Christmas is never more difficult or emotional than during wartime when the fate of many loved ones hangs like a lonely, forlorn ornament on a tree whose branches are shaken daily by violence. It is at this time that we who do not have to experience the ceaseless worry of having a son or daughter or husband or wife in harm's way should not only recognize our good fortune but also understand our obligation to those who do.
Whatever our traditional celebration, it should be undertaken with the utmost sensitivity to the fact several thousand young Americans are not coming home this year or ever and that many more face that prospect in the days to come. It matters not at all that this is a path they have taken of their own free will or that we disagree with the policies that put them there. We owe them far more than they owe us for they really are just the instrument of our collective desire under a democratic process. We put them there with our electoral choices and they've gone without hesitation.
With this in mind, it is incredible to note that Time Magazine's eagerly awaited choice for Person of the Year is us, a reflection of our own image as we gaze at the cover once adorned yearly with the pictures of the world's leading figures, including at one time, Adolf Hitler. This, of course, makes us remember the observation of Pogo, cartoonist Walt Kelley's sage little possum, that "We have met the enemy and they is us." How true. Otherwise we wouldn't be in this mess where even those charged with carrying out a clearly misguided attempt at imposing our political culture concede that it is a cause fast slipping from our grasp -- that the destruction in Iraq may not match the ultimate damage to our national psyche and our place in history as a country that fervently honors justice under the guidance of a supreme being whatever he is called.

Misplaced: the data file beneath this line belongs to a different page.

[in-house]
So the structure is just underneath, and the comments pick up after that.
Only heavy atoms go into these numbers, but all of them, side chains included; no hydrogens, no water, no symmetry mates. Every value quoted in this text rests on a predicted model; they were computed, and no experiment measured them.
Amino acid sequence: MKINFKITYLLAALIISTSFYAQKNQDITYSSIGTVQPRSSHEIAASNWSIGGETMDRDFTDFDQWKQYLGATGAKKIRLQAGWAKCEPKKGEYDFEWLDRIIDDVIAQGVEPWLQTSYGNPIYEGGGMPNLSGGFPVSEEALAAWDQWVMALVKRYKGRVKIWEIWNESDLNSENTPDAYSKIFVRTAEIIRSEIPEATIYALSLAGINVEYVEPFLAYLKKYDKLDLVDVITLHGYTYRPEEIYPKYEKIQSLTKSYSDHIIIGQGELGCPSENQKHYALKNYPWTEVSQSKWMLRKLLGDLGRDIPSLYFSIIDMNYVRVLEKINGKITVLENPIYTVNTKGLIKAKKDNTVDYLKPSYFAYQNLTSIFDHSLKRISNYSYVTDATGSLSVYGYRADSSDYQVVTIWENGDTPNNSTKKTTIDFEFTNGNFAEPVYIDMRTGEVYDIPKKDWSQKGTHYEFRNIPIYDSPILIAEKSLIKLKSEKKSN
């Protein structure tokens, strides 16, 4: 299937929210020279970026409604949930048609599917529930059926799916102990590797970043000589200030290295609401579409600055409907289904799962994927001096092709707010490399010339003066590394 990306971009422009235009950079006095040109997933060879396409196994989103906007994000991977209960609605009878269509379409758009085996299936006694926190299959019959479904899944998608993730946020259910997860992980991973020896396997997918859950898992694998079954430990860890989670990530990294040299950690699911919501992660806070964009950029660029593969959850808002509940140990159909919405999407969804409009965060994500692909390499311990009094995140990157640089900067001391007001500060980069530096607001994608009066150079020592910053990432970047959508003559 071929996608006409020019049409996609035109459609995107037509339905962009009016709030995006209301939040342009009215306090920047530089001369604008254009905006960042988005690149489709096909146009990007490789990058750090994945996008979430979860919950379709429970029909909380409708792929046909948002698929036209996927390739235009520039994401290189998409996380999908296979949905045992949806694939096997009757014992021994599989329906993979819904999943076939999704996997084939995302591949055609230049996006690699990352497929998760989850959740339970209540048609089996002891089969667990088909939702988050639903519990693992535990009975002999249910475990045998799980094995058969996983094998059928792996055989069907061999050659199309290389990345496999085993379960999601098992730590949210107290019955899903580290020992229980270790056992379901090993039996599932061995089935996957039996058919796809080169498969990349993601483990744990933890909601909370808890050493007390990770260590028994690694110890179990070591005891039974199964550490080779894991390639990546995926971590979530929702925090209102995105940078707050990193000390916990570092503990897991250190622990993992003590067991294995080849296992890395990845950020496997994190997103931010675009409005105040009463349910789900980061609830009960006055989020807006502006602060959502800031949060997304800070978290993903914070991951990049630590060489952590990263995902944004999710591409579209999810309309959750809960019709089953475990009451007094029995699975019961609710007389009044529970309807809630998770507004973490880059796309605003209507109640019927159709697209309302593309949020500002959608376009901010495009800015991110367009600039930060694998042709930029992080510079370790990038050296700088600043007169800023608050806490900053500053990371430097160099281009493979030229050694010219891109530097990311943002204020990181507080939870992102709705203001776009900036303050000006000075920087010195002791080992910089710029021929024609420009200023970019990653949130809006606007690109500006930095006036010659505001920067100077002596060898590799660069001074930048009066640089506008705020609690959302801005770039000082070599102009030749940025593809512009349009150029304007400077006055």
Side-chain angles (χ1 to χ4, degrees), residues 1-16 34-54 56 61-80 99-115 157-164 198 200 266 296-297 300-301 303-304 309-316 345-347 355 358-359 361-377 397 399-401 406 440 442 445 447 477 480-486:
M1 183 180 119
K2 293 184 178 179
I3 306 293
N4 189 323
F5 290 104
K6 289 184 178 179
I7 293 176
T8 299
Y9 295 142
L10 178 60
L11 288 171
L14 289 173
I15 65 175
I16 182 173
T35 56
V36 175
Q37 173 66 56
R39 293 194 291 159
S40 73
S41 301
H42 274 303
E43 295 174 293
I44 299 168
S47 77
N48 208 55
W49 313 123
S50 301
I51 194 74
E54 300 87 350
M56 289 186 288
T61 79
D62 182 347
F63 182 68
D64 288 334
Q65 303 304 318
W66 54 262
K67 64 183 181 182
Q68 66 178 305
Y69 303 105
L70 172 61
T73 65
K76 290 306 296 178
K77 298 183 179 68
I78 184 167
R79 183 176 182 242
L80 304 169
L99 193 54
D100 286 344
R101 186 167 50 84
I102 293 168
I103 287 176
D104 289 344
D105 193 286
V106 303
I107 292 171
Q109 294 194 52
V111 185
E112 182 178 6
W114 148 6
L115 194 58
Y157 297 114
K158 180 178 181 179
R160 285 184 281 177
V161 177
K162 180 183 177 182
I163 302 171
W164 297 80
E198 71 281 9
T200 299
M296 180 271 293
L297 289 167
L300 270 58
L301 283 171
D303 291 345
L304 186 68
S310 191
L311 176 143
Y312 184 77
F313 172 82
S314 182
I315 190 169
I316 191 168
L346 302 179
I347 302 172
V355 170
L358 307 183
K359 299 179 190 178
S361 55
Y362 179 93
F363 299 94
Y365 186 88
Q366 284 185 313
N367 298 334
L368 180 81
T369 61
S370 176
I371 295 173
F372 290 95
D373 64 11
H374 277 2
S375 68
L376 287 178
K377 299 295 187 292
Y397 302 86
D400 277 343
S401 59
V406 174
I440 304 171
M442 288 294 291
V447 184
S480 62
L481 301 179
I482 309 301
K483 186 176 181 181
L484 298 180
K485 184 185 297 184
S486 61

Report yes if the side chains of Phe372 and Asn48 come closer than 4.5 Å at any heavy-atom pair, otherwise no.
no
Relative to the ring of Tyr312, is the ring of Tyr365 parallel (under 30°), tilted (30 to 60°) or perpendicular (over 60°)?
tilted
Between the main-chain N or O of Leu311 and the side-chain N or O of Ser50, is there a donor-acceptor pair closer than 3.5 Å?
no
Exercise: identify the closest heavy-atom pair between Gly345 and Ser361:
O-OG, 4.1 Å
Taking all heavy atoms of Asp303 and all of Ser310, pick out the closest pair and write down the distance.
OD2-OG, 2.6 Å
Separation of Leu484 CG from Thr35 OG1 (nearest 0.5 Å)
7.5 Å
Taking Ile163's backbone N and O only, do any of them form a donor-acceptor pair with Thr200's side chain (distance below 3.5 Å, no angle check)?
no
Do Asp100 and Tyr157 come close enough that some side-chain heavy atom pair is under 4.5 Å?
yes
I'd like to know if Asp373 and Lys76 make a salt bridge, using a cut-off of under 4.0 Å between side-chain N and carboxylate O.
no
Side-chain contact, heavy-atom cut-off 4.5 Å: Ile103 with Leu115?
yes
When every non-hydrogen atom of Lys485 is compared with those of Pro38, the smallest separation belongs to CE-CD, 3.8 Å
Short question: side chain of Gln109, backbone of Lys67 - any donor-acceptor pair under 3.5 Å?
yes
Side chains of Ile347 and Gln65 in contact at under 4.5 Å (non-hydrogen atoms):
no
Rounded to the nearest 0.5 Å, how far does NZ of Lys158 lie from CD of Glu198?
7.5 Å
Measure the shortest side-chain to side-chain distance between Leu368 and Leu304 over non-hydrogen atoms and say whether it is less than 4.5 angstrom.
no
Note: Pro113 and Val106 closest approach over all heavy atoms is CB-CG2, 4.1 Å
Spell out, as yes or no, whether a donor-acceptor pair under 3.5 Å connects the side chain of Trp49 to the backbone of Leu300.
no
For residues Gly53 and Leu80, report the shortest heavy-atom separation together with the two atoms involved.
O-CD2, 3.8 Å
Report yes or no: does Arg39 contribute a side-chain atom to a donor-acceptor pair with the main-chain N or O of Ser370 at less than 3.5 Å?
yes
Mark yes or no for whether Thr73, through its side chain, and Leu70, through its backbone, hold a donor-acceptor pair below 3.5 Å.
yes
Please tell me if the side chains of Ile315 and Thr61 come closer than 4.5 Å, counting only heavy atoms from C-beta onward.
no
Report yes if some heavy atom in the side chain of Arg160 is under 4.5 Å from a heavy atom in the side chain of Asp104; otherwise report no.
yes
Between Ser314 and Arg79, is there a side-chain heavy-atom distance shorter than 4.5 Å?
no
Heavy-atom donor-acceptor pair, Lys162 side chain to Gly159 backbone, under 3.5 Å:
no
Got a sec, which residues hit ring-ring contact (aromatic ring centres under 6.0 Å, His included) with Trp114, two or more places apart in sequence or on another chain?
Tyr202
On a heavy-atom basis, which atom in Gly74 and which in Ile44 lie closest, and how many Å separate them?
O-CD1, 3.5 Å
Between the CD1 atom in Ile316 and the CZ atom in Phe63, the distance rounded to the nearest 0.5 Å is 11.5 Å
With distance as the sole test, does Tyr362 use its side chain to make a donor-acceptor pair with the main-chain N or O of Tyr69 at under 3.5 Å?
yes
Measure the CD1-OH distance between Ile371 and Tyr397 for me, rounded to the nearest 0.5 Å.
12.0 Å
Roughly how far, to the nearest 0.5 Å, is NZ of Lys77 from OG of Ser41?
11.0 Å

Wouldn't the news magazine have done much better selecting a representative of our armed services -- perhaps one from each -- as persons of the year? Or might it not have been more appropriate to choose one of those mothers whose son or daughter has given his or her life in pursuit of our objectives. If the magazine wanted to broaden that honor, it could have simply adorned the cover with a gold star symbolizing the sacrifice so many families have made. And while the editors were at it, they might have made it clear they were also remembering all the innocent civilians in the war zone who were victims of sectarian violence for which we must accept a measure of responsibility.
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